The Singing Sword: Storytelling is about the details

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fantasy book reviews science fiction book reviewsfantasy book reviews Jack Whyte The Camulod Chronicles 2. The Singing SwordThe Singing Sword by Jack Whyte

In some ways, The Singing Sword, second in Jack Whyte’s A Dream of Eagles (Camulod Chronicles in America) series, is just like The Skystone. The Roman Empire is in retreat and soldier/ blacksmith Publius Varrus chronicles the early days of Caius Britannicus’ Roman villa. Arthur is still nowhere in sight.

Whyte has a great talent for outlining battles and duels, but his passion is for world building through dialogue, particularly dialogue that allows him to explore the ideas of this time as they might have been created at the time. Still, progress is steadily made, however patiently. Publius is tempted by another woman, while alliances with the Celts are made and the colony — now named Camulod — slowly overcomes its enemies and the hurdles of administration. It can be a long, tedious bit of work. But for Whyte, and for many fans of fantasy, storytelling is about the details.

After all, this (well, not The Singing Sword, but the series as a whole) is the story of Arthur, a legend that many fantasy authors have strived to adapt in an original way. And few do as thorough a job of historical world building as Whyte, if for no other reason than because few decide to start the story of Arthur generations in advance.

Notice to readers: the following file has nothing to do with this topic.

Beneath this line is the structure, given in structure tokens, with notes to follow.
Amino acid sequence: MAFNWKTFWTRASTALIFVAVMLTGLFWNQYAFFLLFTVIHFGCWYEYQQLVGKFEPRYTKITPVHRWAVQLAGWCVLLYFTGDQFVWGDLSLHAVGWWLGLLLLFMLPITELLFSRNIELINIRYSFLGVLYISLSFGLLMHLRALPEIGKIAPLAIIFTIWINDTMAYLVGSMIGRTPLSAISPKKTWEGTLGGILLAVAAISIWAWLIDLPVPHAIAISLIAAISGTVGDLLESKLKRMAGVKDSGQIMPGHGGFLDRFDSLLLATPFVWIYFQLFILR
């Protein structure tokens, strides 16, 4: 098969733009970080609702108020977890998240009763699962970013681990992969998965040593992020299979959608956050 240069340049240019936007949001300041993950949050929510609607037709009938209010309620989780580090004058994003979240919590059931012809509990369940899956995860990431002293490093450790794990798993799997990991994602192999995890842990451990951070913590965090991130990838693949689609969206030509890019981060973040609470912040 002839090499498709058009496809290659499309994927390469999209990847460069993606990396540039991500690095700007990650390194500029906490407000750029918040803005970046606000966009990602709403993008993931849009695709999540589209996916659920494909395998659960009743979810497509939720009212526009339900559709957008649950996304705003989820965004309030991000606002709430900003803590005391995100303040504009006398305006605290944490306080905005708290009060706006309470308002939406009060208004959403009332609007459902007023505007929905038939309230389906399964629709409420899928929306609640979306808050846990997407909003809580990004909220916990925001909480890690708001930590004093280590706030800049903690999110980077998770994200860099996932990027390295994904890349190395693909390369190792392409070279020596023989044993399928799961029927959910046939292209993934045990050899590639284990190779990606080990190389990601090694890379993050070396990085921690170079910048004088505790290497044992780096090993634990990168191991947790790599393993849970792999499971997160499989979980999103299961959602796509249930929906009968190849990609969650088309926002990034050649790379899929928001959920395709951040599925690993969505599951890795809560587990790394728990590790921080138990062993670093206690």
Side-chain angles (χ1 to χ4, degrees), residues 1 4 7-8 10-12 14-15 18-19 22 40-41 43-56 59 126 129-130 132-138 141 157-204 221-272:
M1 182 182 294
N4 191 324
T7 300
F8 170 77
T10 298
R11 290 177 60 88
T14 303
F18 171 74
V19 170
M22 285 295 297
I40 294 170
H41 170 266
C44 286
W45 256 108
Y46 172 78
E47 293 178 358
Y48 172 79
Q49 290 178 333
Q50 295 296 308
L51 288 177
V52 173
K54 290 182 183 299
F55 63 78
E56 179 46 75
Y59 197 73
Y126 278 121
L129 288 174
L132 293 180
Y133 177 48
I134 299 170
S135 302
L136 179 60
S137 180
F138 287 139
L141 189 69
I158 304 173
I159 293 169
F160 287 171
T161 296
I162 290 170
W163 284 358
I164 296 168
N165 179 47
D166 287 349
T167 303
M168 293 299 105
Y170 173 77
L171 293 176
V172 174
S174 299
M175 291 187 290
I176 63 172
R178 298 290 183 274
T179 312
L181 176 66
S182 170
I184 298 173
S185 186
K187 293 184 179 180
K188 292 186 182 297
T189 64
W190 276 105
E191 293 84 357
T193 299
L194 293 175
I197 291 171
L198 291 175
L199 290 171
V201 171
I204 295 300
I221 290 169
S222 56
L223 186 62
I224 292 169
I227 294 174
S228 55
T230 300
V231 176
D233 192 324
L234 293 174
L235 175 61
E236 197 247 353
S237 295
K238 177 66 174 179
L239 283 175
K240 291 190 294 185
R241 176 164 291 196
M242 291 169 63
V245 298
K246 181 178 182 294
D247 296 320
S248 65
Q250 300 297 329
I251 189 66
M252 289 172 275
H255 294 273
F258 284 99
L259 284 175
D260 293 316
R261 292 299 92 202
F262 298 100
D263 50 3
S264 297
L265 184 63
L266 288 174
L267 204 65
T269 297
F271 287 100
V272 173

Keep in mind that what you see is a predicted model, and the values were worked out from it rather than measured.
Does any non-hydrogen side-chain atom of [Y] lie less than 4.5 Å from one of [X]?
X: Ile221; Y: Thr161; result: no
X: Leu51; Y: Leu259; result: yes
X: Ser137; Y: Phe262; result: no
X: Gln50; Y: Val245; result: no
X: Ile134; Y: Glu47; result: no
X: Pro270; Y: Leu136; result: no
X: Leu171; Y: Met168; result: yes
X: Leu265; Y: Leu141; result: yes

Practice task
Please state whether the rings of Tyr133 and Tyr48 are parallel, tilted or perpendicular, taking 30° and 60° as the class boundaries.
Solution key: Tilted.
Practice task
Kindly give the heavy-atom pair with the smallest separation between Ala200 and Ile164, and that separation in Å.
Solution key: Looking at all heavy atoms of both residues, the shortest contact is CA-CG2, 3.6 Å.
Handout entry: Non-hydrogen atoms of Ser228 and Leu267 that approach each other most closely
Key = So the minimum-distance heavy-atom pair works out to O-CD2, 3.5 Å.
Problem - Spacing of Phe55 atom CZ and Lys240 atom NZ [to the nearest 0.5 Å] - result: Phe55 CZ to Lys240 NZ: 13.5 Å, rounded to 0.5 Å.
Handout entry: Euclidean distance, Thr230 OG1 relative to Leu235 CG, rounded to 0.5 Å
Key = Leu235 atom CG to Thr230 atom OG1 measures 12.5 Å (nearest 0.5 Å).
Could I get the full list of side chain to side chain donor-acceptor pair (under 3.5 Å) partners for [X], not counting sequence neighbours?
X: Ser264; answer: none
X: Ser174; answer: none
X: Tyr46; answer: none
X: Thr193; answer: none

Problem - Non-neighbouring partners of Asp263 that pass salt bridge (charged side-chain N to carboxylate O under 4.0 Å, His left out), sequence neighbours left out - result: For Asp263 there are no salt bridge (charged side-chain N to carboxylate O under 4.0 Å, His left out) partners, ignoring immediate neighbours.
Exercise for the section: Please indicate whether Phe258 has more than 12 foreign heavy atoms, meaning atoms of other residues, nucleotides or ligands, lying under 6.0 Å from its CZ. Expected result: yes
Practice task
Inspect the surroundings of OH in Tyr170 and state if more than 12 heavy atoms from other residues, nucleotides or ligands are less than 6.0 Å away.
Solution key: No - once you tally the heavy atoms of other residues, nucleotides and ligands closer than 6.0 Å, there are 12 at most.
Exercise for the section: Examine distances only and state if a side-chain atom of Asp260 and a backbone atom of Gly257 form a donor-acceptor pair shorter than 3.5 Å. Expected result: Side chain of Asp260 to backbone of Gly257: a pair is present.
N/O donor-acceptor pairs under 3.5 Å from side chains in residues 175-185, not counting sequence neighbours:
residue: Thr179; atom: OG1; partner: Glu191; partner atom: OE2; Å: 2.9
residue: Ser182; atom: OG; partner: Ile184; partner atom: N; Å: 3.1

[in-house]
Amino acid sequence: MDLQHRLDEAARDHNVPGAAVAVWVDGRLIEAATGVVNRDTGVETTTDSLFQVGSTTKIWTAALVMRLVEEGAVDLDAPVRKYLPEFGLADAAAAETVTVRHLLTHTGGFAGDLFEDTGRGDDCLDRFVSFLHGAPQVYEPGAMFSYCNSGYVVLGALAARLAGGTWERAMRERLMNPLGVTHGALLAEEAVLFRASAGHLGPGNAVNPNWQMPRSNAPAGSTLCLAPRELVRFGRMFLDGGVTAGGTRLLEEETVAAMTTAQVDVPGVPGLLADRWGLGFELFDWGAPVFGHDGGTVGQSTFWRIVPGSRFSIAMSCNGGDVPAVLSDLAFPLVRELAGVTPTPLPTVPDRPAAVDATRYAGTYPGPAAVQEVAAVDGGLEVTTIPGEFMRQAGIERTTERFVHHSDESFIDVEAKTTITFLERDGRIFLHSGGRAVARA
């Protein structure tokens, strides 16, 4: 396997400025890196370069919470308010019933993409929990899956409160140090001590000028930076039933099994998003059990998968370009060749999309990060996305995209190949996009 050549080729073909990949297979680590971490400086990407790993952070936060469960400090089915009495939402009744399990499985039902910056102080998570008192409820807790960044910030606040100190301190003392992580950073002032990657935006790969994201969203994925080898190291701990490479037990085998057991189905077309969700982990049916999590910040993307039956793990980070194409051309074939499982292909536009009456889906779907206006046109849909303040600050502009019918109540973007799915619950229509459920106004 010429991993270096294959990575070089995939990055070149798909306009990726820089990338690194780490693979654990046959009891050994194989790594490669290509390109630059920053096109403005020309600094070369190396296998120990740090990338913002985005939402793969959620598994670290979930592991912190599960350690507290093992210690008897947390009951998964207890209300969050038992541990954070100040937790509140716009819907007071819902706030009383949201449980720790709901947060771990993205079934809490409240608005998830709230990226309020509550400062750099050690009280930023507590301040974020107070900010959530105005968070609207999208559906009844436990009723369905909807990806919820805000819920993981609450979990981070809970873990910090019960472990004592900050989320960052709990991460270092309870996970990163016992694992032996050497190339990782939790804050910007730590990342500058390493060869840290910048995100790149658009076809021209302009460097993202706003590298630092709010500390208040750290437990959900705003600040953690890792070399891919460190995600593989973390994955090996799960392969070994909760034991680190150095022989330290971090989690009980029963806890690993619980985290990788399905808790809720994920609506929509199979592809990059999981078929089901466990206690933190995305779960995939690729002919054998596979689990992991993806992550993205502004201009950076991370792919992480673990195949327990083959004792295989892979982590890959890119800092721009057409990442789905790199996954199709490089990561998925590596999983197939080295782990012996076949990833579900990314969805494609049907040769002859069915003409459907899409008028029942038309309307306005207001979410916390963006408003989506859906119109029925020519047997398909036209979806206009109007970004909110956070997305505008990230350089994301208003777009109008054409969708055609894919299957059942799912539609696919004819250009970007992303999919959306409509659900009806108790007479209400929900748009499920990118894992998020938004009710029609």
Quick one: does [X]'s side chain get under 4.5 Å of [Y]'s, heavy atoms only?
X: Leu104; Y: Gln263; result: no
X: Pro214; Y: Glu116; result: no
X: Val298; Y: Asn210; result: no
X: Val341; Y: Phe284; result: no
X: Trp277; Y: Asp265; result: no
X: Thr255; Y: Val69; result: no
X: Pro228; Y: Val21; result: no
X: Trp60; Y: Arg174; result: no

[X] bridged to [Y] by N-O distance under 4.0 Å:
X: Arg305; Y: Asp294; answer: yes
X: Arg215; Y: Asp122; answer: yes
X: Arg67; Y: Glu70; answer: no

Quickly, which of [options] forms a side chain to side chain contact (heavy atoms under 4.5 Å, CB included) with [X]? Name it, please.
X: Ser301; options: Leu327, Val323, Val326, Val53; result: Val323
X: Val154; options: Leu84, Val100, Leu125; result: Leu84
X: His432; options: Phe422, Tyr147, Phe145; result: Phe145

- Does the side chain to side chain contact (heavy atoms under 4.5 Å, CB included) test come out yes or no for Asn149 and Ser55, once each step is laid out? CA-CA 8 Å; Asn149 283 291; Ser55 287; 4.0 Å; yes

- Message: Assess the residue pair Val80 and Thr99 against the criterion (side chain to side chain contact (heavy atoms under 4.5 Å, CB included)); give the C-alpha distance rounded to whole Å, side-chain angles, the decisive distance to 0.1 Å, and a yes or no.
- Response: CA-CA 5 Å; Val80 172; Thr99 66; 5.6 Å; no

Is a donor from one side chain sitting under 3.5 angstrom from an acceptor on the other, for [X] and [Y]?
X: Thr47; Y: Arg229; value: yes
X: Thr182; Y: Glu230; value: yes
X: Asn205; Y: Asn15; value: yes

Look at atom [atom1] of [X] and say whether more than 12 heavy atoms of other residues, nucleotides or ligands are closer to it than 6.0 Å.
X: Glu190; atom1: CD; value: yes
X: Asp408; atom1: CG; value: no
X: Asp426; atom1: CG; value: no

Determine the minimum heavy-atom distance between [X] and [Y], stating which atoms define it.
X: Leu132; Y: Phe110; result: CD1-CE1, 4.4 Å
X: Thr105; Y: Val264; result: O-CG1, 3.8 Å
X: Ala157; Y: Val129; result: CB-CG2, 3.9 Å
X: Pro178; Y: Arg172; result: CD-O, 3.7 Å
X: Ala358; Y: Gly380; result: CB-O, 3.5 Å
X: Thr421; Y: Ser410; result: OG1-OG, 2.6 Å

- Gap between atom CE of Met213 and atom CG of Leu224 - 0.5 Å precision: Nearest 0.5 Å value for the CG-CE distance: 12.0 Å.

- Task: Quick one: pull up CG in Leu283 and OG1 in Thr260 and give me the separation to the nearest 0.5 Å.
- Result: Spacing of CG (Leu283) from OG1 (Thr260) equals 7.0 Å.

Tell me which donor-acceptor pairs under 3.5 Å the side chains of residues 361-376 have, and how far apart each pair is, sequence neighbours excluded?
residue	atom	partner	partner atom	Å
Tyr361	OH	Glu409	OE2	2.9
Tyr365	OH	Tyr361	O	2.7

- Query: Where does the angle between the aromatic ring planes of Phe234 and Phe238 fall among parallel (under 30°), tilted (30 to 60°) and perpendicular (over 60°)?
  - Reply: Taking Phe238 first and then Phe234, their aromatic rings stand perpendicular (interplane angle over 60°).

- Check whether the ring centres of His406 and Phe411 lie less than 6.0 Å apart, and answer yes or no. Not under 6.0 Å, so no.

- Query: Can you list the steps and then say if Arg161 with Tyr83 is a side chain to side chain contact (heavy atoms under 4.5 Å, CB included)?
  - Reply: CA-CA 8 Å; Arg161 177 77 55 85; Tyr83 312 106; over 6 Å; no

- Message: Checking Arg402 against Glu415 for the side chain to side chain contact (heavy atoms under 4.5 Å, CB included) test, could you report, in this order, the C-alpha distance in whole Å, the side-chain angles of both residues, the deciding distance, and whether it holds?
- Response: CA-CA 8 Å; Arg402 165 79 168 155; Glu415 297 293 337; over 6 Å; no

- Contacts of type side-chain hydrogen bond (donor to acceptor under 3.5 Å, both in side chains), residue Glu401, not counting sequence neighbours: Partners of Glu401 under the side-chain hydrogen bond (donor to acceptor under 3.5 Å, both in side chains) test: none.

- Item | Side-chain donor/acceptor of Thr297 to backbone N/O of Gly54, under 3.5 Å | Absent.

Perhaps Whyte is at his best when outlining how Roman tactics gave rise to the knights that we often associate with Arthur and his Round Table. The Romans valued their legions, not cavalry. However, when we think of Sir Galahad, we think of a knight, armored, horseback, and carrying a lance. Where did these things come from? Although Publius and Caius have decided to protect civilization in Camulod, they are not bound by the past. Instead, they continue to innovate. And Publius’ greatest creation may well be a long sword made from the sky stone. He calls it “Excalibur.”

The Singing Sword, like The Skystone before it, is not a novel for the faint of heart. As exciting as Whyte’s action sequences may be, they are often separated by vast amounts of exposition. On the other hand, fantasy fans who think they’ve read it all might do well to check out this historical fantasy. If nothing else, it’s an impressive feat of world building, and it’s been assembled with an eye for historical detail.

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RYAN SKARDAL, with us since September 2010, is an English teacher who reads widely but always makes time for SFF.

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